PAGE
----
• You can also apply that permission to /home/dbugger/html instead of 777, but you have to keep in mind that if user www-data cannot cd to your home, it won't be able to access any file or subfolder. So, if your home permission is rwx------ dbugger:dbugger apache will not be able to access any file inside your home. If you wan't to restrict access a little bit you could try giving only execute permission (chmod g+x /home/dbugger), I'm not sure, but I think it works. – Eric Carvalho Jul 28 '13 at 3:52
  • Sorry but neither of this solutions did work :( – Enrique Moreno Tent Jul 28 '13 at 10:41
  • chgrp www-data /home/dbugger in combination with @DavidGreene method got it working for me – laurent Jan 19 '18 at 11:43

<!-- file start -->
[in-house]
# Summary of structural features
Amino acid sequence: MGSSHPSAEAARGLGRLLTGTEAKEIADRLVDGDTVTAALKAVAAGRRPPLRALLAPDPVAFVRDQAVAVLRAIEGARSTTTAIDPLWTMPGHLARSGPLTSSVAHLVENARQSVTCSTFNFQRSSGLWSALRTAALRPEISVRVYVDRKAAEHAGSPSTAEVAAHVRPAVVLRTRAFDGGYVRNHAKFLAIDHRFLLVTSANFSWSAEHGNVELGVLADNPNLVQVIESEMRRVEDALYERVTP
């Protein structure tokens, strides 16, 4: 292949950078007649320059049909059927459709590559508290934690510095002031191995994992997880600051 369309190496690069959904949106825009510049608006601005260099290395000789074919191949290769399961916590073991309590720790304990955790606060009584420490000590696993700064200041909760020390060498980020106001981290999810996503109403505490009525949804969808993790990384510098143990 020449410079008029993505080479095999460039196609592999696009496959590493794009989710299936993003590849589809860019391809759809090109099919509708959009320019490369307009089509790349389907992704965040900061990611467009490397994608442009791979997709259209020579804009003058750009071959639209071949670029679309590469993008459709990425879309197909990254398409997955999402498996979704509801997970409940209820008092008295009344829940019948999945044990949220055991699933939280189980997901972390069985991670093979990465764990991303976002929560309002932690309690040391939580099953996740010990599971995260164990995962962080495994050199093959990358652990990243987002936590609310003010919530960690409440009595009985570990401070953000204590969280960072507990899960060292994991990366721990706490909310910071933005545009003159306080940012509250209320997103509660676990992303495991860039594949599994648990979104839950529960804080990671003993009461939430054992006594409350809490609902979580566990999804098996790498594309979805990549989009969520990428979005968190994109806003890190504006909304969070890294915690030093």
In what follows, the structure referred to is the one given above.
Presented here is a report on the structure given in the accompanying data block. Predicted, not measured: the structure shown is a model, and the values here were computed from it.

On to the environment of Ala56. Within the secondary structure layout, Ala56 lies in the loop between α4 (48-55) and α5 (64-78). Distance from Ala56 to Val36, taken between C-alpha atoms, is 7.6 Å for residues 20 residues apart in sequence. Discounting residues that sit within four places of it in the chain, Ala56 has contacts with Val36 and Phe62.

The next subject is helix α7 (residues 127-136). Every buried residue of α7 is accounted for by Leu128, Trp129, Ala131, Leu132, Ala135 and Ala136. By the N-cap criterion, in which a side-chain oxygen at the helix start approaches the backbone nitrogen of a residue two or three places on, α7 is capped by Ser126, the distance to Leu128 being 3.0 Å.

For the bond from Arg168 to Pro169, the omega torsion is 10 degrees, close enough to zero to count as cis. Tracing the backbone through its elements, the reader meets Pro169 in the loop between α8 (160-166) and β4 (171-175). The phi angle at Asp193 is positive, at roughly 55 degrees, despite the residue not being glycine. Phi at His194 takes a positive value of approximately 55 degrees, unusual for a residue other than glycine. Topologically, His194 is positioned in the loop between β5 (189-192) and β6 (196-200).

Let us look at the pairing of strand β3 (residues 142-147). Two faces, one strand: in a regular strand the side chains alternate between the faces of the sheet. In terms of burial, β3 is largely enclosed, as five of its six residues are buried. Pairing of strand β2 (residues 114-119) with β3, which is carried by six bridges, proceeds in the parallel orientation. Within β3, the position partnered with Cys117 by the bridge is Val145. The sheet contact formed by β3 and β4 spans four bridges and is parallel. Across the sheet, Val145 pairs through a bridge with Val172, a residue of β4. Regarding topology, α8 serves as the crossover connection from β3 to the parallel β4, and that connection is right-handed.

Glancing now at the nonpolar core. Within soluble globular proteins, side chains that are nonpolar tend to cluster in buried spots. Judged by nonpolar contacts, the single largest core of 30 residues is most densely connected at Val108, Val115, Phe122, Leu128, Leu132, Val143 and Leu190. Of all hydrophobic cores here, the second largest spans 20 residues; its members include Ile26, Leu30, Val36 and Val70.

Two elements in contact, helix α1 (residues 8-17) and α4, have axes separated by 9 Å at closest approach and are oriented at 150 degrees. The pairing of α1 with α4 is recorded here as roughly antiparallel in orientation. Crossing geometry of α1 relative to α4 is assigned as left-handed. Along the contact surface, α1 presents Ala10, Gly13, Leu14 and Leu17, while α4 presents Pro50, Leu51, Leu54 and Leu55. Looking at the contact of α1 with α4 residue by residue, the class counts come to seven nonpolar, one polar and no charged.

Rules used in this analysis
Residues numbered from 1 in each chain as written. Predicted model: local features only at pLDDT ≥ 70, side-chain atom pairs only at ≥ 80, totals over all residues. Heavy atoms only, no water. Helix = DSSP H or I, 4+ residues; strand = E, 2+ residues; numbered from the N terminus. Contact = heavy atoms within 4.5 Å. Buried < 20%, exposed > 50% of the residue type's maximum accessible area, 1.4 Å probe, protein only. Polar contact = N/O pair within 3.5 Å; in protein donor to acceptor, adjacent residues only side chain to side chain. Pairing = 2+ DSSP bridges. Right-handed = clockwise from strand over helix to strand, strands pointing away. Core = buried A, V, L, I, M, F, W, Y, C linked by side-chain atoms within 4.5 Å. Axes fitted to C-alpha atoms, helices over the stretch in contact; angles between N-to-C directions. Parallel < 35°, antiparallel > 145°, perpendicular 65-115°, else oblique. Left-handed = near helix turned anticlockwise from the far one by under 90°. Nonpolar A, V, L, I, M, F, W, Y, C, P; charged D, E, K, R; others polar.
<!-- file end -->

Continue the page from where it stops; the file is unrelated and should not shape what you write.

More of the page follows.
• It's also possible to add your user group to the apache user (www-data) sudo usermod -a -G dbugger www-data, after that you need to restart apache. – TIIUNDER Jul 2 '18 at 21:18
1

You don't need change the permissions if you want to use your home directory to host the development environment, at least that you need write permissions for some applications. You need apache mod_userdir module and you can access to /home/user_name/public_html/* like this http://domain.local/~user_name/dir_name/* for use a virtual hosts, to use the mod_userdir module you need create a sym link like this:

$ sudo ln -s /etc/apache2/mods-available/userdir.conf /etc/apache2/mods-enabled/
$ sudo ln -s /etc/apache2/mods-available/userdir.load /etc/apache2/mods-enabled/
$ sudo service apache2 restart
  • 5
    You can also use a2enmod userdir – Joril Feb 10 '14 at 16:29